By: Kalin Goble, M.S. & Jason Jowers, M.S. MFT.
Caregivers are known to be tough and strong. You are often expected to put your needs aside to provide care for a loved one above all else. This is especially true for military caregivers that take care of a loved one who is a wounded service member. However, while you are caring for others, who takes care of the caregiver? We wanted to share some resources we found that can provide help. These resources are tools that promote self-care and well-being.
Maintaining Emotional Health
This article from brainline.org focuses on caregiver self-care and the importance of emotional health. They share tips on how to ask for help which include reaching out to social contacts, taking breaks, and seeking out support groups. These ideas can be a great start for caregivers to help navigate the unique challenges of caring for a loved one while also caring for your own well-being.
Dealing with Stress
The Psych Armor Institute also has some fantastic courses and resources. These resources include a seven-part course on Stress First Aid. This series includes tools for self-assessment and best practices for caregivers which focus on strengthening caregivers’ support systems and confidence. Also, this course helps in sustaining a sense of calm and safety by sharing stress-reducing techniques.
Other courses on the topic of caregiving include the ABC’s of Respite Care. This course covers the network of care available for caregivers and caregiver wellbeing. Another great course is called Good Grief, which focuses on grief associated with death, job loss, or severe changes to physical well-being. You can access all of Psych Armor’s resources for caregivers at psycharmor.org.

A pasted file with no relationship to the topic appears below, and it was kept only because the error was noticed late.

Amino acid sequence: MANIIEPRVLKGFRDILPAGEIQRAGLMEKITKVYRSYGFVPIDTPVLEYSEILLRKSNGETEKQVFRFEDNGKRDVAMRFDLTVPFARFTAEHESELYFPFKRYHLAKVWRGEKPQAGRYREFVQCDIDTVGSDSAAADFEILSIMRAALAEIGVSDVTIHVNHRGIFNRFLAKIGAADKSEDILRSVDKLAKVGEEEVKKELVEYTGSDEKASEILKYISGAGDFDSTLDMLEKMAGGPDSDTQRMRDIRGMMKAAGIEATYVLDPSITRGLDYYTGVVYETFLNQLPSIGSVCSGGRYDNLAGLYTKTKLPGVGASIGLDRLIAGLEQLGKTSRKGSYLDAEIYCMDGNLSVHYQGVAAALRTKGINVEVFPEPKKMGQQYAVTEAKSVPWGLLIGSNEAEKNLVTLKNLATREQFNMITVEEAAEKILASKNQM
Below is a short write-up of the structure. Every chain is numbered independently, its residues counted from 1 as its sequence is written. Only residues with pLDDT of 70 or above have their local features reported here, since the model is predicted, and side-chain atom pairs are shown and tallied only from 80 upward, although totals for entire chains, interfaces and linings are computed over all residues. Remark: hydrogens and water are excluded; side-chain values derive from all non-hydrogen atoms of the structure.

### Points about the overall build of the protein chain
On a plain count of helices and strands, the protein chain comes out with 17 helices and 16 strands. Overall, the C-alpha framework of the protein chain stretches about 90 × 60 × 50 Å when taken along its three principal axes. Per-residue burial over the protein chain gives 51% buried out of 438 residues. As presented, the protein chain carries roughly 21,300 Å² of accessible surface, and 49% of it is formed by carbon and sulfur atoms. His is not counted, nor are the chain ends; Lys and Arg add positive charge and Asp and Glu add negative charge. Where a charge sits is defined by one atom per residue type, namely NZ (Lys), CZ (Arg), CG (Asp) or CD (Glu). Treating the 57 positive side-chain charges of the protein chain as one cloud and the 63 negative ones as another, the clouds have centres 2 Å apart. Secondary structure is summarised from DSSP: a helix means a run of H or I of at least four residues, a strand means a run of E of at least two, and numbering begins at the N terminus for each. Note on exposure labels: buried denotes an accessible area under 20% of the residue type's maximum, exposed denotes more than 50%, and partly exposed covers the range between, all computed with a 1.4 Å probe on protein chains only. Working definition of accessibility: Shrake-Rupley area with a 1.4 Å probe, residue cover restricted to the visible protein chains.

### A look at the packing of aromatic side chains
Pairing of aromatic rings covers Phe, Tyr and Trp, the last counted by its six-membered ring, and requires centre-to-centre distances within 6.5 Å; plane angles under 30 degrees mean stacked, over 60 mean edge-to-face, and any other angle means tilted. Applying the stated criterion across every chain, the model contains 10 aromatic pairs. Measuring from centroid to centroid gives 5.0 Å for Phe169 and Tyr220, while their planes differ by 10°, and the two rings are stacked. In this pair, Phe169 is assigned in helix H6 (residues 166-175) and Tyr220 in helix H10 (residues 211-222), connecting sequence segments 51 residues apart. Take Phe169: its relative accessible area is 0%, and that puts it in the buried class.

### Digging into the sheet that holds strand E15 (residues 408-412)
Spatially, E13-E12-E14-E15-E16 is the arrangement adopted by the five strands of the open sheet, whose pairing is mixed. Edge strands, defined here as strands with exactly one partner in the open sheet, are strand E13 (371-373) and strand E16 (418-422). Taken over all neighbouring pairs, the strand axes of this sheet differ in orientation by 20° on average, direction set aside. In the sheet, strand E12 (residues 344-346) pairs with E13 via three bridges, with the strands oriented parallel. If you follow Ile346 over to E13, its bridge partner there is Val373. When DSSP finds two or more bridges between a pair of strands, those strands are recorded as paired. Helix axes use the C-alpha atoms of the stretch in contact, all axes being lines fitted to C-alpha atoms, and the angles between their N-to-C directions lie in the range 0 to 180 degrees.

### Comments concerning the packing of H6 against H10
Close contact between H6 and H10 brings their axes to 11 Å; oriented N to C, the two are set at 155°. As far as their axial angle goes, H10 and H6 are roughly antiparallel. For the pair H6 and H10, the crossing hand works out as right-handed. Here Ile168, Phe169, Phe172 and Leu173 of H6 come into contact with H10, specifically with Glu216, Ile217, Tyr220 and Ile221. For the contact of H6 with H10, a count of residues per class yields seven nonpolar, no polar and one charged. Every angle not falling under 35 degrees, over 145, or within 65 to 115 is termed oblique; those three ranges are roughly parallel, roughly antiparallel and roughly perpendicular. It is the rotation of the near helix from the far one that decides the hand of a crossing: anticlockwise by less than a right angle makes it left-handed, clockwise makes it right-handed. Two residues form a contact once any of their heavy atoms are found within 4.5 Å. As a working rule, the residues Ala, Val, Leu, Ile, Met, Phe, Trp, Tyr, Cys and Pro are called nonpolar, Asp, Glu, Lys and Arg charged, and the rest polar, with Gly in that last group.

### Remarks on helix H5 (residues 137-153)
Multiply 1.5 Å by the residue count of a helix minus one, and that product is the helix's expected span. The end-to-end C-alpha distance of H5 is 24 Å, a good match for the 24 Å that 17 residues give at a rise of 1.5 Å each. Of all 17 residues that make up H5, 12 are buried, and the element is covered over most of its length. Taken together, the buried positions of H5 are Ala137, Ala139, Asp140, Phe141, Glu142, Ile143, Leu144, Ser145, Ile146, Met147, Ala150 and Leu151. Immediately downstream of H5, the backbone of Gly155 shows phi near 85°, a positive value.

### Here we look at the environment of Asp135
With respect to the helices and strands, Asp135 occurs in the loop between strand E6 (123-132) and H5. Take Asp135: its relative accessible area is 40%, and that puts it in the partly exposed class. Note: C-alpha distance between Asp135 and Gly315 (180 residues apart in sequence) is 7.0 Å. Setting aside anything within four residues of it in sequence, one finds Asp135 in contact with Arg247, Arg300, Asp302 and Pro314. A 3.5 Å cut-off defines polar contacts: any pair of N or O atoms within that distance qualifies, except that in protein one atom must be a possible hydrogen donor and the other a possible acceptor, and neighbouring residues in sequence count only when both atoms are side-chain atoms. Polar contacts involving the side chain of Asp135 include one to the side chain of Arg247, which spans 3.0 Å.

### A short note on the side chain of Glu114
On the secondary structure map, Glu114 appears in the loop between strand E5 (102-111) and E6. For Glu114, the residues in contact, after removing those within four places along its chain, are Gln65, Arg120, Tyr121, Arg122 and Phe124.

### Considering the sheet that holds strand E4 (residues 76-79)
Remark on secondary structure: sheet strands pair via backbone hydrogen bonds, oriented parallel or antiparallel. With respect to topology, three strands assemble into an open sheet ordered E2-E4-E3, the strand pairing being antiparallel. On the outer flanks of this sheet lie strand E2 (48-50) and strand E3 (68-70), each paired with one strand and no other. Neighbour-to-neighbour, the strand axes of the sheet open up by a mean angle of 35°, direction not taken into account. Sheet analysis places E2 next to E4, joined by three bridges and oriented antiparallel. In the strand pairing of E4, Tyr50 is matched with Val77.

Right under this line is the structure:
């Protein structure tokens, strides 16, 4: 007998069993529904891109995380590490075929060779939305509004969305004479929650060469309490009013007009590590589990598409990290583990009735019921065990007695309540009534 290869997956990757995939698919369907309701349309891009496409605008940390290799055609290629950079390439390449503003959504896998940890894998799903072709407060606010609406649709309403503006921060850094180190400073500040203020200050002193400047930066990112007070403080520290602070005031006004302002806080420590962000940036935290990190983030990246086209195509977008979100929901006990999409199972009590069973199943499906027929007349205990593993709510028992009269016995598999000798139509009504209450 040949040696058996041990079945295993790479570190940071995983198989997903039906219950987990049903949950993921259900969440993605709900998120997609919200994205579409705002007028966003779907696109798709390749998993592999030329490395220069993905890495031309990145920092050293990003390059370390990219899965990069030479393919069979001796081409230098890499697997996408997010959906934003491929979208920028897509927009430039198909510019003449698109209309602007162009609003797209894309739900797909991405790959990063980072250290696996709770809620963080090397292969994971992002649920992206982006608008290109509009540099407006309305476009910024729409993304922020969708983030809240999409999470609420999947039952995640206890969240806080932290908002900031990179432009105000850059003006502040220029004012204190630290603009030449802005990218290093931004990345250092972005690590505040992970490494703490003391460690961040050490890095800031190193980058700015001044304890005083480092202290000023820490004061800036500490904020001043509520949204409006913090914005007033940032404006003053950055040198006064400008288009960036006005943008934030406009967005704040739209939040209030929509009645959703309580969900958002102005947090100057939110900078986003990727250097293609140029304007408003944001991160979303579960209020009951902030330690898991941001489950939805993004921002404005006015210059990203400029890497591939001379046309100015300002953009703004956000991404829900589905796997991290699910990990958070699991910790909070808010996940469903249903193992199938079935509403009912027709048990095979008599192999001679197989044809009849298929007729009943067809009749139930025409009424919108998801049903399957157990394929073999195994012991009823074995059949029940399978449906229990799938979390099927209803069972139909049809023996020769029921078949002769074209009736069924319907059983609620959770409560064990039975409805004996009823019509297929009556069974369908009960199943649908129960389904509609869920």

Connecting to Support and Safety
The VA has their Caregiver Support webpage, chock-full of government resources for military caregivers. They offer a caregiver support line, where you can contact trained, mental health professionals in your respective state of residence. Visit www.caregiver.va.gov to find out more about the support line and how they can help.
Finally, this Resource Discovery blog post we wrote features the Caregiver Self-Care Activity Book, provided by VA Caregiver Support. This book is also full of great suggestions when it comes to self-care for military caregivers. Taking care of one’s own wellbeing is vital in being able to successfully take on the role of caregiver. As this quote from an unknown author states, “An empty lantern provides no light. Self-care is the fuel that allows your light to shine brightly.” So as caregivers, make sure to find time to prioritize your wellbeing and find what tools work best for you. We hope these resources assist in finding the fuel that allows your light to shine bright for yourself and those you care for.
BrainLine (2017). “Caregiver Self Care: Your Emotional Health.” Retrieved from: www.brainline.org/article/caregiver-self-care-your-emotional-health
PsychArmor Institute (2019). “Courses for Military Veteran Caregivers and Families.” Retrieved from: https://psycharmor.org/caregivers/
Blog Image: Photo from Pixabay [2 people holding hands by Pixabay, February 11, 2020, CC0]